*** Spoilers for Avatar: The Way of Water ahead ***
James Cameron made fans wait 13 years for a sequel to Avatar, but the film has done well upon arrival. Although it’s not a perfect story, Avatar: The Way of Water improves on the original in several aspects. Much like the first part, the story is relatively straightforward about the battle between Jake Sully’s family and Miles Quaritch’s group, with the presentation being the main difference this time around.
Things such as the way the plot is explained, how the bad guy behaves, and the nuances within the characters and overall story have all seen an upgrade from the 2009 flick. With over three hours of runtime, it’s worth taking a recap of everything that’s within Avatar: The Way of Water and how it succeeds in bettering the original entry.
The Villain Is Humanized
Many wondered how the first Avatar movie’s villain would reappear, given that he was decisively killed. As it turned out, Miles Quaritch had himself cloned into a Na’vi body before his death to effectively cheat it. While the new Quaritch is still a villain, he’s not of the chewing-the-scenery variety as his predecessor, who came across as a rather standard antagonist simply bent on dominance.
Avatar: The Way of Water has the bad guy show his humane side through his son, as Quaritch clearly cared for Spider and couldn’t bear to hurt him. He also started to have a new respect for Na’vi culture after Spider showed him how Pandora functions, with Quaritch even briefly giving up his vendetta against Jake when Spider’s life was threatened. This new, more empathetic side of Quaritch is better than the straight-up villain he originally was since it opens up opportunities for character development.
Supporting Characters Have Far More Depth
The first Avatar had some great supporting characters like Grace, Mo’at, and Tsu’tey. Still, the rest were more like figureheads who represented a piece of the conflict rather than having fully fleshed-out personalities. Avatar: The Way of Water introduced a host of new characters, from Jake and Neytiri’s children to the people of the Metkayina, all of whom have distinct personalities.
Even better is that no character is perfectly aligned with their traits, as even the empathetic Tonowari showed flashes of panic and anger, while the fierce Ronal also willingly helped Jake’s family. The younger characters don’t feel like they’re present just to show the passage of time, as all of them play a part in the battle against Quaritch’s forces and create solid bonds. The first movie’s supporting characters lacked in this area because their main purpose was to be part of the people Jake was around instead of standing out on their own.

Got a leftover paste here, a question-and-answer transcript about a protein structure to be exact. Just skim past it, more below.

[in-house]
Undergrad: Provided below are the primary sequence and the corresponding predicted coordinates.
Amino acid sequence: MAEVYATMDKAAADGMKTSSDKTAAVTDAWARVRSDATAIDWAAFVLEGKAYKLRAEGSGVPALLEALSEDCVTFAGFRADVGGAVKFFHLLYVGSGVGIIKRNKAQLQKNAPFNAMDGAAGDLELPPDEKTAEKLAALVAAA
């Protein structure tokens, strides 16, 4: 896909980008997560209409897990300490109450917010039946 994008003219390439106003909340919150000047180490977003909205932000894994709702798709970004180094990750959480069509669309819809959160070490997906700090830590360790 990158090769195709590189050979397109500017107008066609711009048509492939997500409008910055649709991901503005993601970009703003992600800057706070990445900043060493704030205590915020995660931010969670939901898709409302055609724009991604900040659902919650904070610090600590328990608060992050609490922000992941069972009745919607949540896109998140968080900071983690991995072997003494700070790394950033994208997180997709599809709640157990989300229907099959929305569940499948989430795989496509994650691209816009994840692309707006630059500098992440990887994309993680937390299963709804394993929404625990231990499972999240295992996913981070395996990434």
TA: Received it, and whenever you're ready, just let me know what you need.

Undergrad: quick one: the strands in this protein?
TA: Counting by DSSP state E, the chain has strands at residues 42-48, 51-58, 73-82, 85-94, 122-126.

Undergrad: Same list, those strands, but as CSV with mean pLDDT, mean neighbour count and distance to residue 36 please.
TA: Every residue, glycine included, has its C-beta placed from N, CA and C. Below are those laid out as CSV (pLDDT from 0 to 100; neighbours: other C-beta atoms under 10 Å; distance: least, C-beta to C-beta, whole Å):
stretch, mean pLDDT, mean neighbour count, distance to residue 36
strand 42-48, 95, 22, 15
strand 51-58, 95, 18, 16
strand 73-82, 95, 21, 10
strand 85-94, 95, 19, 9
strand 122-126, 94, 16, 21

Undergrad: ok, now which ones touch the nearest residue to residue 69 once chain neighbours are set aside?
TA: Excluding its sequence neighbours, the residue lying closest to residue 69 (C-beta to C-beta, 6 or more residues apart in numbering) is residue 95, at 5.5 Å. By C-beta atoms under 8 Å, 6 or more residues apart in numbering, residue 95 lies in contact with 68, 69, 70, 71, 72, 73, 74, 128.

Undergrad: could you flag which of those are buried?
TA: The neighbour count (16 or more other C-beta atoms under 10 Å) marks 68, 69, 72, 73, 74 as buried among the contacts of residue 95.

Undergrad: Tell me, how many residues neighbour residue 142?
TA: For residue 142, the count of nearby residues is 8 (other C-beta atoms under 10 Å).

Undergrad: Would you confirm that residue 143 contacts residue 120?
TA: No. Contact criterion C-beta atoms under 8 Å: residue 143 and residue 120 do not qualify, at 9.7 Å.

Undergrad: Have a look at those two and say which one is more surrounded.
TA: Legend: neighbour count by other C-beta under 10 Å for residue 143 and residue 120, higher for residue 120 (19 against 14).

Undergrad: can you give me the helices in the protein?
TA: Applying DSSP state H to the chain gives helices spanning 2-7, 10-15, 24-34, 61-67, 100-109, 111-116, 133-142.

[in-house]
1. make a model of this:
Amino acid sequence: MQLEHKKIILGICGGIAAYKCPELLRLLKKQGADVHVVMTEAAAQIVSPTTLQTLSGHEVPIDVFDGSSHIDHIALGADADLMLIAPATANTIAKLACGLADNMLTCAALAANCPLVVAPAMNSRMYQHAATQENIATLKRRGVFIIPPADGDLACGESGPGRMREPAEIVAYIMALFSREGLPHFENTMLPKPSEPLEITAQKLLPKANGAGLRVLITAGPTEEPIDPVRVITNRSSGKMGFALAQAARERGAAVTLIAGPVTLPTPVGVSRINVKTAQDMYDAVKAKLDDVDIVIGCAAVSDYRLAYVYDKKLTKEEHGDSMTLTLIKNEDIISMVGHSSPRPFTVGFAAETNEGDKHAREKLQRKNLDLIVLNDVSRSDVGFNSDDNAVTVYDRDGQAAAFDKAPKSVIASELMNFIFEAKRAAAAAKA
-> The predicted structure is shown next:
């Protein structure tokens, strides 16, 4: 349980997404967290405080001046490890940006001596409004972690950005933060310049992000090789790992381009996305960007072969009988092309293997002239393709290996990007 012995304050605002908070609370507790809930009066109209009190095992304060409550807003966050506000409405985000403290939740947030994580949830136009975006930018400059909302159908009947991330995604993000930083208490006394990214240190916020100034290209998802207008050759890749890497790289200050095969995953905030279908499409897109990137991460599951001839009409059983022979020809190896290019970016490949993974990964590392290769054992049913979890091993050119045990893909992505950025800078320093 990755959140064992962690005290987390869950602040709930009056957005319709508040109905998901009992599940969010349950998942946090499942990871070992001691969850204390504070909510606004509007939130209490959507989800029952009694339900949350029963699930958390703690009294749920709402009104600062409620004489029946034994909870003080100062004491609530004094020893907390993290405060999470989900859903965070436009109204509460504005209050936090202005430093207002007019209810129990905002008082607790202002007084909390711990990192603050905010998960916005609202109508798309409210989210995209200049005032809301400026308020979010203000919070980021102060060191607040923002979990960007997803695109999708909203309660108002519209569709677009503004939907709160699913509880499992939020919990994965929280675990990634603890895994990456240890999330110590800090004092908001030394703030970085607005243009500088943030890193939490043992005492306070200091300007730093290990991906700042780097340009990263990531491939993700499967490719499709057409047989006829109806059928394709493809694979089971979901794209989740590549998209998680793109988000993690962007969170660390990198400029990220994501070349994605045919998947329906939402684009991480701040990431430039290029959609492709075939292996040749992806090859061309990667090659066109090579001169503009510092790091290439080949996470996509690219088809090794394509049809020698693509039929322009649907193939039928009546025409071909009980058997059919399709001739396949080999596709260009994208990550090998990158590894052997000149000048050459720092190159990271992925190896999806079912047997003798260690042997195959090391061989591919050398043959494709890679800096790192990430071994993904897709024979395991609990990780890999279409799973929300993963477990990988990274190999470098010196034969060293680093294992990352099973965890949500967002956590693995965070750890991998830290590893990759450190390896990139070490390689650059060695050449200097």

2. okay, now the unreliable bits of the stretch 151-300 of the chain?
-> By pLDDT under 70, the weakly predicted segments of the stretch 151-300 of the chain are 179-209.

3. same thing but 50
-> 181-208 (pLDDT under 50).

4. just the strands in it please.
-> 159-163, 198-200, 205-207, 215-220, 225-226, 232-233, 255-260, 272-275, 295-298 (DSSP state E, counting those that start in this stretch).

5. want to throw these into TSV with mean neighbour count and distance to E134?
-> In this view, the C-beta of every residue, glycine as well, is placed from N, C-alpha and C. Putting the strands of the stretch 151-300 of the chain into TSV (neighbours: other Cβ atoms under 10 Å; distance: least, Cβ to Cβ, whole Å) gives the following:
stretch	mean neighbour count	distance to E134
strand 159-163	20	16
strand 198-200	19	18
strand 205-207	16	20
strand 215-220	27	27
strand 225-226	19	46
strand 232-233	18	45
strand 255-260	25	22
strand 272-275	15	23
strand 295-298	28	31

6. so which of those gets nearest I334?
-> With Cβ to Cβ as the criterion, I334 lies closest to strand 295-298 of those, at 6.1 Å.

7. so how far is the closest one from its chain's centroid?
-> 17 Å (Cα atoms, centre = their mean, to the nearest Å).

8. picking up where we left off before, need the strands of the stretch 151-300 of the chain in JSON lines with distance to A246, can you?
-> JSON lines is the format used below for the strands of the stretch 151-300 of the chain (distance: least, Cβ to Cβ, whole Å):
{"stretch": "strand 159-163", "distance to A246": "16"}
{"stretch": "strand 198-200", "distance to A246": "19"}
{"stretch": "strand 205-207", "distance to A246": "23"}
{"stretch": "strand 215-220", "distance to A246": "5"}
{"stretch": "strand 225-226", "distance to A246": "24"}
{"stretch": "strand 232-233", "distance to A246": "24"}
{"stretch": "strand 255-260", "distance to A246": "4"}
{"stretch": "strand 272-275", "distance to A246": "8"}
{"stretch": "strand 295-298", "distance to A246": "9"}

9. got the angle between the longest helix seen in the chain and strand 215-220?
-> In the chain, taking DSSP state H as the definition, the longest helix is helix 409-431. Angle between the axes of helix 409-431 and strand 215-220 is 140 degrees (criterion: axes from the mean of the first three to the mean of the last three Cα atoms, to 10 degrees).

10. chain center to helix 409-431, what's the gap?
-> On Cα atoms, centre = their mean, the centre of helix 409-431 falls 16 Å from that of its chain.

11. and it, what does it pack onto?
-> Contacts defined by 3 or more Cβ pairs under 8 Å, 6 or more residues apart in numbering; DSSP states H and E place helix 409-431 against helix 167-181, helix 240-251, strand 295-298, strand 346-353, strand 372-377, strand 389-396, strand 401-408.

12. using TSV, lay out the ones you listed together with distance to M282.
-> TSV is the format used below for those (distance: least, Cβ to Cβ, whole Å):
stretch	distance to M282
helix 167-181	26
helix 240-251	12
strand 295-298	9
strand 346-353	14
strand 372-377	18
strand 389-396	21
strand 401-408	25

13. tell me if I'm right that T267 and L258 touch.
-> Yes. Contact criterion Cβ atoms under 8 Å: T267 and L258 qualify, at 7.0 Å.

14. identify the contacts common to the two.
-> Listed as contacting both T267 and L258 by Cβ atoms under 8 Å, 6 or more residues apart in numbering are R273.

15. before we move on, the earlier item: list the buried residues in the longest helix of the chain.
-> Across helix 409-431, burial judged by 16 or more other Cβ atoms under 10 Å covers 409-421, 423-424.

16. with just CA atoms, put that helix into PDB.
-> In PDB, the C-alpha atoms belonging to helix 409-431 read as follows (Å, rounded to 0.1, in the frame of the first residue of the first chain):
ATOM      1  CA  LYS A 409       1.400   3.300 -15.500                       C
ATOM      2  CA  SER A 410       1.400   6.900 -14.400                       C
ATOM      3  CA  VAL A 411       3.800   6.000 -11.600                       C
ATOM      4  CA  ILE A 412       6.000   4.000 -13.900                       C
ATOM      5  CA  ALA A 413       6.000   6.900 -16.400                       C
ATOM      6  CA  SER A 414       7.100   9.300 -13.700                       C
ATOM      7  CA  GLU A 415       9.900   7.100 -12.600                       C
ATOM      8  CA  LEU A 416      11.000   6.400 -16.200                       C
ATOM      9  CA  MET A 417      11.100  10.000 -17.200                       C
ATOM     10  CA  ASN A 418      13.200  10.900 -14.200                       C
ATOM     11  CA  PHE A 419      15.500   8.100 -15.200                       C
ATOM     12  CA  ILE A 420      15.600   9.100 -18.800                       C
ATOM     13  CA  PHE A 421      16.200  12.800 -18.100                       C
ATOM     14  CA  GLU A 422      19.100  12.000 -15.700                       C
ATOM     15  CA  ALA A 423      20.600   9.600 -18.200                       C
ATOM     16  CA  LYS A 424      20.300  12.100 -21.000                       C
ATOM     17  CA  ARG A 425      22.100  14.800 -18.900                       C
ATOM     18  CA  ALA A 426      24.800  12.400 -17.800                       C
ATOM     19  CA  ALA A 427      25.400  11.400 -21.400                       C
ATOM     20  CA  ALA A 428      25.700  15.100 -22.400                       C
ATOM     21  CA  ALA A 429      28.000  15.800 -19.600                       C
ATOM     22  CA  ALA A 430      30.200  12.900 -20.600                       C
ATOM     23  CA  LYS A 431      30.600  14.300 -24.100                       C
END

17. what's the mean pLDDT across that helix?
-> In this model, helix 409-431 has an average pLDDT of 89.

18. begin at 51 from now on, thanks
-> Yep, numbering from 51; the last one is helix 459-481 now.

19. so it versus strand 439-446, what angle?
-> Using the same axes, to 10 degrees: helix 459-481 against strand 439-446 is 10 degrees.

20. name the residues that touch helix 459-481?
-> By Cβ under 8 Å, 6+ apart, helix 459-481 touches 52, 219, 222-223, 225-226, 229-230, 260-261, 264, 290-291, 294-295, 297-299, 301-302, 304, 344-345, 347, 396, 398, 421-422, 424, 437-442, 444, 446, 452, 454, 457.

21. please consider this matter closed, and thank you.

World-Building Elements Of Pandora
There’s no doubt that the first Avatar introduced Pandora magnificently, as the world was something completely new for viewers at the time. But there’s also the fact that there wasn’t much shown apart from Neytiri’s native land, with many left wondering what the rest of Pandora looks like and what the larger lore of the place is.
Avatar: The Way of Water has done better by showing us a bigger glimpse of what Pandora entails through the Metkayina. It’s now apparent that the Na’vi in the original film doesn’t represent the entire race since the Metkayina’s water-based lifestyle is completely different, featuring different kinds of flora and fauna. With Jake’s children revealed as hybrids and Spider shown surviving as a human, there are various world-building elements in Avatar: The Way of Water to carve out Pandora’s story.
Realistic Consequences to The Characters’ Actions
The original film went the traditional route with how characters were introduced to conflict and how things were resolved, ending with a happy conclusion. This left things relatively unrealistic, though, such as how easily Jake integrated himself into the Na’vi and how the locals were easily rid of the humans even though more were out there.